The two photographs that I’ve made are available for purchase on Ebay. I added also the third one, but this one is from unretouched negative. I made it later then the video, my wife says that it’s my best photograph and so it is. You don’t want to argue with my wife, OK? Trust me on this one!!!

Please follow the link bellow. I’m blogging for already nine years, I’ve wrote more then 1000 blog posts and I’m receiving emails to publish more, make more videos. I would love to, that would be my dream job, but as a professional photographer, I need to make a living and support my family first. That said, if you would consider to give me a tip for the videos I make and the information I share, it would be most appreciated. You can tip me via Paypal and my paypal account is borutpeterlin@gmail.com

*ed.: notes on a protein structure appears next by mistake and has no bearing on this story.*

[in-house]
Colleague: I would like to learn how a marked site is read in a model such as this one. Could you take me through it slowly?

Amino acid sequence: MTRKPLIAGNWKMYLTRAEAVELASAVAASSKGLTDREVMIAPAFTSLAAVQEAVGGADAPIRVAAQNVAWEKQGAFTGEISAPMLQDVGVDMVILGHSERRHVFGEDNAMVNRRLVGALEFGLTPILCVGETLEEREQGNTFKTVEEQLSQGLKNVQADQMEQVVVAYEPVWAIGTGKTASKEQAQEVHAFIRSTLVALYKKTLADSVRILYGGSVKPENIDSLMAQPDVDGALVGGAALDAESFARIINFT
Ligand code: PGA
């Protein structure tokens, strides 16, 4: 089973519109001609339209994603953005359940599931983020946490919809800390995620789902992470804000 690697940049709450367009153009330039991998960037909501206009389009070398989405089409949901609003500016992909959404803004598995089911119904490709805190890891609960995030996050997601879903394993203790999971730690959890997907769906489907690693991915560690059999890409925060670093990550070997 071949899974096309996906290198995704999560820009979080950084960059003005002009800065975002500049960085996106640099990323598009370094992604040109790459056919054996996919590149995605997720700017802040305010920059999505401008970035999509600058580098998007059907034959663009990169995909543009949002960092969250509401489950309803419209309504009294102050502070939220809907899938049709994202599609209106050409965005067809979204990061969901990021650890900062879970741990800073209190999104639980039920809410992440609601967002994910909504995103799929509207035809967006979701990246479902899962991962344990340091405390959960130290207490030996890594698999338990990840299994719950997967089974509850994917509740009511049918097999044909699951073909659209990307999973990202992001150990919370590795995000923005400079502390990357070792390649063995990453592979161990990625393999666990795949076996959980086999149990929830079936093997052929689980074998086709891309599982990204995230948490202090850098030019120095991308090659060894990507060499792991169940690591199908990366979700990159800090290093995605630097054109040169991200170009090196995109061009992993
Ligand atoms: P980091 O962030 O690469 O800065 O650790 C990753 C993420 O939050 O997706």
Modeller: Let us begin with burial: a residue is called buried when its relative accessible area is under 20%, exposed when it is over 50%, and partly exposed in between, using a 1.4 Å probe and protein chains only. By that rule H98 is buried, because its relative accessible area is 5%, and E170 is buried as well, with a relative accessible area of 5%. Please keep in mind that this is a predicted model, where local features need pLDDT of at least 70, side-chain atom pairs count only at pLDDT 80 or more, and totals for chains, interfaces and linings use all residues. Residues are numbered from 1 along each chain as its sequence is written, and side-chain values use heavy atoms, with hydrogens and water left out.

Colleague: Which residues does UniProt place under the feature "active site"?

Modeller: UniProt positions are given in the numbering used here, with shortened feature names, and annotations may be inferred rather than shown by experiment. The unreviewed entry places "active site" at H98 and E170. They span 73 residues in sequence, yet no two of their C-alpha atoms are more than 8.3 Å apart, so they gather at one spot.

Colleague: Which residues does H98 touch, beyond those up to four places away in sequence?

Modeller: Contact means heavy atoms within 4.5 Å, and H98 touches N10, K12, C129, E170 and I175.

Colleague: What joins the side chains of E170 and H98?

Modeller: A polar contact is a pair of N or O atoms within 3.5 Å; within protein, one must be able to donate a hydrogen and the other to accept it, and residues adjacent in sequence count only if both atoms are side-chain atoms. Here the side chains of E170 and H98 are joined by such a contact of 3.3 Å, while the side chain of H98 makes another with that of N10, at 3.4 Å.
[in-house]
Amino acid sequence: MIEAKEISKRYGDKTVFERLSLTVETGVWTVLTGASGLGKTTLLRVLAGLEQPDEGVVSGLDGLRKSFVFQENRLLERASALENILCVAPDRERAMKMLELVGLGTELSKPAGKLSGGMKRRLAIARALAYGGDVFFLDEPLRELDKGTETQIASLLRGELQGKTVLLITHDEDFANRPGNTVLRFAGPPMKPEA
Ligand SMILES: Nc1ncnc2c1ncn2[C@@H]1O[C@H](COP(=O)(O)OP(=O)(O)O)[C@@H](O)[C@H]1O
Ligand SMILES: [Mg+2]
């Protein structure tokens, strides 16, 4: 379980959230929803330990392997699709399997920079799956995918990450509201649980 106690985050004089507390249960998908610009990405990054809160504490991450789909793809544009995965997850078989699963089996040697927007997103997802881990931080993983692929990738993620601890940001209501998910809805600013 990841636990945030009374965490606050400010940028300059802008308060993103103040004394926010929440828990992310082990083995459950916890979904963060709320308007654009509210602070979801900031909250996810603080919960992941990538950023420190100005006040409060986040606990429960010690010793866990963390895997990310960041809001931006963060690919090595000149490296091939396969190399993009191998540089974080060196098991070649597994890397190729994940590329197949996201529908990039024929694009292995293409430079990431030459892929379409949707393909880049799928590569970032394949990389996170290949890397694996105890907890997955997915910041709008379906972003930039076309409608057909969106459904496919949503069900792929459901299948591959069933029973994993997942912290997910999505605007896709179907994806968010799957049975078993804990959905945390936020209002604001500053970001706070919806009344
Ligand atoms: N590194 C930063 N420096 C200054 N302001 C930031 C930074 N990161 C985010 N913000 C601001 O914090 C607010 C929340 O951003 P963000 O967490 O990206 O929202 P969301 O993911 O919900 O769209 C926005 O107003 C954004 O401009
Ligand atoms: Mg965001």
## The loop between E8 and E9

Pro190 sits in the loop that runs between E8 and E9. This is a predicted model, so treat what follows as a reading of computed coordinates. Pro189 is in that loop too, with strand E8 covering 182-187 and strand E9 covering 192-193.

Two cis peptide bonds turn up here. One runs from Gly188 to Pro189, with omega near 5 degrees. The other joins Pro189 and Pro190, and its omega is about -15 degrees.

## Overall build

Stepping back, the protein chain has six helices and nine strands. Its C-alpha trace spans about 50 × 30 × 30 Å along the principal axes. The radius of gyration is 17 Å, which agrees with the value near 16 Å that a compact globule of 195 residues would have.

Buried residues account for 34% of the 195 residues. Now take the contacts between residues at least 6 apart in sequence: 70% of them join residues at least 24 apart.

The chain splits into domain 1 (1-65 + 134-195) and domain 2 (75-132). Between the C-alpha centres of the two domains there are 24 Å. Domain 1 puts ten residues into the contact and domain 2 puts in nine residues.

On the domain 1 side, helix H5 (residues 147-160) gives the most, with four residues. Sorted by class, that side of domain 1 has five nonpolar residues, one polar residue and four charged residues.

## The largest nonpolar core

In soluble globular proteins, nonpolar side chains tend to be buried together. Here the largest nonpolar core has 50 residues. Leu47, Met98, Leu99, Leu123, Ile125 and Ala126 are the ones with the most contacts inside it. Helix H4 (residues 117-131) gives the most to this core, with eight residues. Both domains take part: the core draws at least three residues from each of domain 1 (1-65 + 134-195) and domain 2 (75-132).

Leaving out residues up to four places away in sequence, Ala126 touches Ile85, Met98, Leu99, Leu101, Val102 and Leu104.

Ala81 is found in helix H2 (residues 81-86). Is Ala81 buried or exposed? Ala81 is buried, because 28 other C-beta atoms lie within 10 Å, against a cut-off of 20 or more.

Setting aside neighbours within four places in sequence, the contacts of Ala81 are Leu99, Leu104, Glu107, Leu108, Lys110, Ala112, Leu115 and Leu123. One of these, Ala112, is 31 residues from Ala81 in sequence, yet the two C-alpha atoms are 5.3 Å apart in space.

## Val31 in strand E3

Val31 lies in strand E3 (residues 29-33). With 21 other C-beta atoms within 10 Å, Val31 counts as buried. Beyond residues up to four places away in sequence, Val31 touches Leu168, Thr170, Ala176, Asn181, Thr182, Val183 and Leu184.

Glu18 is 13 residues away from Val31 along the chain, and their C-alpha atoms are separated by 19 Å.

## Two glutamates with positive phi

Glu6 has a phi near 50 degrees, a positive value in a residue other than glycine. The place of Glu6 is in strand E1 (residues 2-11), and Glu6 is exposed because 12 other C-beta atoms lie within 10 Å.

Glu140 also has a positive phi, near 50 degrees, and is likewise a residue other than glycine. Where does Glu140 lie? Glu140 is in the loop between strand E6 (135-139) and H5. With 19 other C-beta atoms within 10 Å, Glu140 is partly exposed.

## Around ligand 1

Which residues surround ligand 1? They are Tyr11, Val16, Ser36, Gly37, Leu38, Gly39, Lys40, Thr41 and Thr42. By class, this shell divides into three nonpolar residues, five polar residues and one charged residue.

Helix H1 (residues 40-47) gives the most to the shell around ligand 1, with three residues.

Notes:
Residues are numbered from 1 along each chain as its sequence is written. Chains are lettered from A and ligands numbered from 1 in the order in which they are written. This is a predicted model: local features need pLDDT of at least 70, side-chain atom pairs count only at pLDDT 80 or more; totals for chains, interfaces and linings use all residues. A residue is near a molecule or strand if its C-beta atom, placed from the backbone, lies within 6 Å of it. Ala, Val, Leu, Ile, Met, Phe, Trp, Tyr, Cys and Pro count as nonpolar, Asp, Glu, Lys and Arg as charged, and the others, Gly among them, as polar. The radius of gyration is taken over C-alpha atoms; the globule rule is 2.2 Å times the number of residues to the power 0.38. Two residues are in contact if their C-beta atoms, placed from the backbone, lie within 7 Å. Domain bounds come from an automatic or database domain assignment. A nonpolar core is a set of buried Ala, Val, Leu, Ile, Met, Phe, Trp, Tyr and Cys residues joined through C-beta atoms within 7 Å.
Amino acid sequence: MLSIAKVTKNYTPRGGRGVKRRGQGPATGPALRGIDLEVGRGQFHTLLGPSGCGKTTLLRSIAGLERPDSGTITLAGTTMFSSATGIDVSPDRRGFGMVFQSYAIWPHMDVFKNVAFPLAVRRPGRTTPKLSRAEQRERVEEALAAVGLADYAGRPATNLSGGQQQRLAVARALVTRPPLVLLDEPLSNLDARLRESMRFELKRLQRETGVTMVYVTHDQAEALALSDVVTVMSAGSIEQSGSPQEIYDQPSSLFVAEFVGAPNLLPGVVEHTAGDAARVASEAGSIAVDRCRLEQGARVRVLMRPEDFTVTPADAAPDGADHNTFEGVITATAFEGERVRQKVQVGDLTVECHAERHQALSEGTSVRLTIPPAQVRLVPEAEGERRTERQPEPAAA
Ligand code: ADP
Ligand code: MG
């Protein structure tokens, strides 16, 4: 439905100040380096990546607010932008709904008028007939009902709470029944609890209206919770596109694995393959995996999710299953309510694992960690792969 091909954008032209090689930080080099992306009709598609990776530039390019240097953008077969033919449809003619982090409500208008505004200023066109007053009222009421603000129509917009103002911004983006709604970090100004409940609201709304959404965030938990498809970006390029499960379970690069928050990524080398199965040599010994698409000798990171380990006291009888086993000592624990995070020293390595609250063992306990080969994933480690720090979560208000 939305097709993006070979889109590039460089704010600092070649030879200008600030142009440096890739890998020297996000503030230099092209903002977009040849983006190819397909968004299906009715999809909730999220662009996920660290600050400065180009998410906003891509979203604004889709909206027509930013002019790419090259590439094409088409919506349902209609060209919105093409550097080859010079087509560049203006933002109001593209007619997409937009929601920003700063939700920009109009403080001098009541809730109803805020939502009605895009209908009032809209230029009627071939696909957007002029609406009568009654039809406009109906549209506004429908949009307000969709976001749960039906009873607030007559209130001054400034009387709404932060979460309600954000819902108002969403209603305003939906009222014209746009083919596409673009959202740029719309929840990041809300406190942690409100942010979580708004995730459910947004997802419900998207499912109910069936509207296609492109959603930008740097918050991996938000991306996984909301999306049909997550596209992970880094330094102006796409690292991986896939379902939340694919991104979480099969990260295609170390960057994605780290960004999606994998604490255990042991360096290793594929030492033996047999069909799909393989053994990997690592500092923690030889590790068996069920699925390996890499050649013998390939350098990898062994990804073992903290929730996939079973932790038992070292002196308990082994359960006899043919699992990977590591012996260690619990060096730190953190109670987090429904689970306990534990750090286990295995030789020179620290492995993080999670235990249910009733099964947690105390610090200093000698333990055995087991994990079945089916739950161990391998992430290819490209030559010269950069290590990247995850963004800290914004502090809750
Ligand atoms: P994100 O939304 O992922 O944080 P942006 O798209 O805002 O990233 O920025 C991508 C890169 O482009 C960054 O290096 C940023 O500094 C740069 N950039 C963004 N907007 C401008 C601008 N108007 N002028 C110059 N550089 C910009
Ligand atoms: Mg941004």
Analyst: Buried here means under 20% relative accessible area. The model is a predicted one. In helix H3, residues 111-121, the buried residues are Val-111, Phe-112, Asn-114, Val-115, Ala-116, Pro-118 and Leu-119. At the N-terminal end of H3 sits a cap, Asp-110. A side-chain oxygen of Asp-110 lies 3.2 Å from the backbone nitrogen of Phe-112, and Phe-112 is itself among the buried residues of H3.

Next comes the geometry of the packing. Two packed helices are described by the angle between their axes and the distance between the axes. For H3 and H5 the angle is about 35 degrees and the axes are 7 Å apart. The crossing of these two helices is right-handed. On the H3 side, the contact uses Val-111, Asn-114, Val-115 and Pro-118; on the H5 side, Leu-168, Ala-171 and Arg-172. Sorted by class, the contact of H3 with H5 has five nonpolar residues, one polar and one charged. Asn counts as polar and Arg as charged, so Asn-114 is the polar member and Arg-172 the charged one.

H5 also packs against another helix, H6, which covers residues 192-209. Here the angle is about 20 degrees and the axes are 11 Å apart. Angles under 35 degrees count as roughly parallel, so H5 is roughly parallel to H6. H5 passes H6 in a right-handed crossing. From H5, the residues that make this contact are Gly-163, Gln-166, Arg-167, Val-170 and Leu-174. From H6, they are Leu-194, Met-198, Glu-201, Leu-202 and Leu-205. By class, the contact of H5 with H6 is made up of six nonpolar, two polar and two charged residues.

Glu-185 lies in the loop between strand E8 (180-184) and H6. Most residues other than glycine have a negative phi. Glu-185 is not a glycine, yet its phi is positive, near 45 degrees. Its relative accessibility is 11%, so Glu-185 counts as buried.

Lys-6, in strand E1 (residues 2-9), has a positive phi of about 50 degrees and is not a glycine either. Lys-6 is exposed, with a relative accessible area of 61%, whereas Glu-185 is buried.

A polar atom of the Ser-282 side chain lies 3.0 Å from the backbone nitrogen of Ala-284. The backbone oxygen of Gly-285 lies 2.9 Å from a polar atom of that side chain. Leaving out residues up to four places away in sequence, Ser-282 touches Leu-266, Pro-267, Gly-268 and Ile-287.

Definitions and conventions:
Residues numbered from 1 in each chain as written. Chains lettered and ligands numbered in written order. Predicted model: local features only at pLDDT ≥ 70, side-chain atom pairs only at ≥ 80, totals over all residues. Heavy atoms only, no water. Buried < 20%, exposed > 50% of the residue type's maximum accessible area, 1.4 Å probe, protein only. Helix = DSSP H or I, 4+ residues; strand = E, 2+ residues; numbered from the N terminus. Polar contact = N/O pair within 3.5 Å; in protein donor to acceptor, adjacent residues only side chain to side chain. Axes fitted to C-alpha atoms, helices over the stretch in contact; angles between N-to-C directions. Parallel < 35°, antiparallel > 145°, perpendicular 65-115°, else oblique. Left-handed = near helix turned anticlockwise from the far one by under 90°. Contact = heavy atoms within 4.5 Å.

Thank you.

Written by Borut Peterlin

14 May, 2015 at 10:01

4 Responses

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  1. Thank you very much for sharing some of your experience about that retouching technique.
    I wish to visit Rochester too.

    Jan

    14 May, 2015 at 13:04

  2. Hey man,maybe a stupid question, but what if you use softer pencil (4B,6B…) will it made a transition smoother since softer pencil can leave greater amount of graphite with same type of pressure? Is the amount of graphite even relevant for the final result?
    Don’t stop with videos.
    Leopardman

    Igor Motl

    14 May, 2015 at 23:49

  3. Leopardman, still alive and kicking! Great to see your letters on my blog, bre! We’re still waiting for your visit, or I will make another exhibition in Prijedor, if you will not come for a visit! He, he…
    Later my friend!

    Borut Peterlin

    15 May, 2015 at 22:27

  4. […] a year ago I was at a workshop on collodion glass negative retouching in George Eastman House and beside the techniques I’ve learned I’ve seen also some […]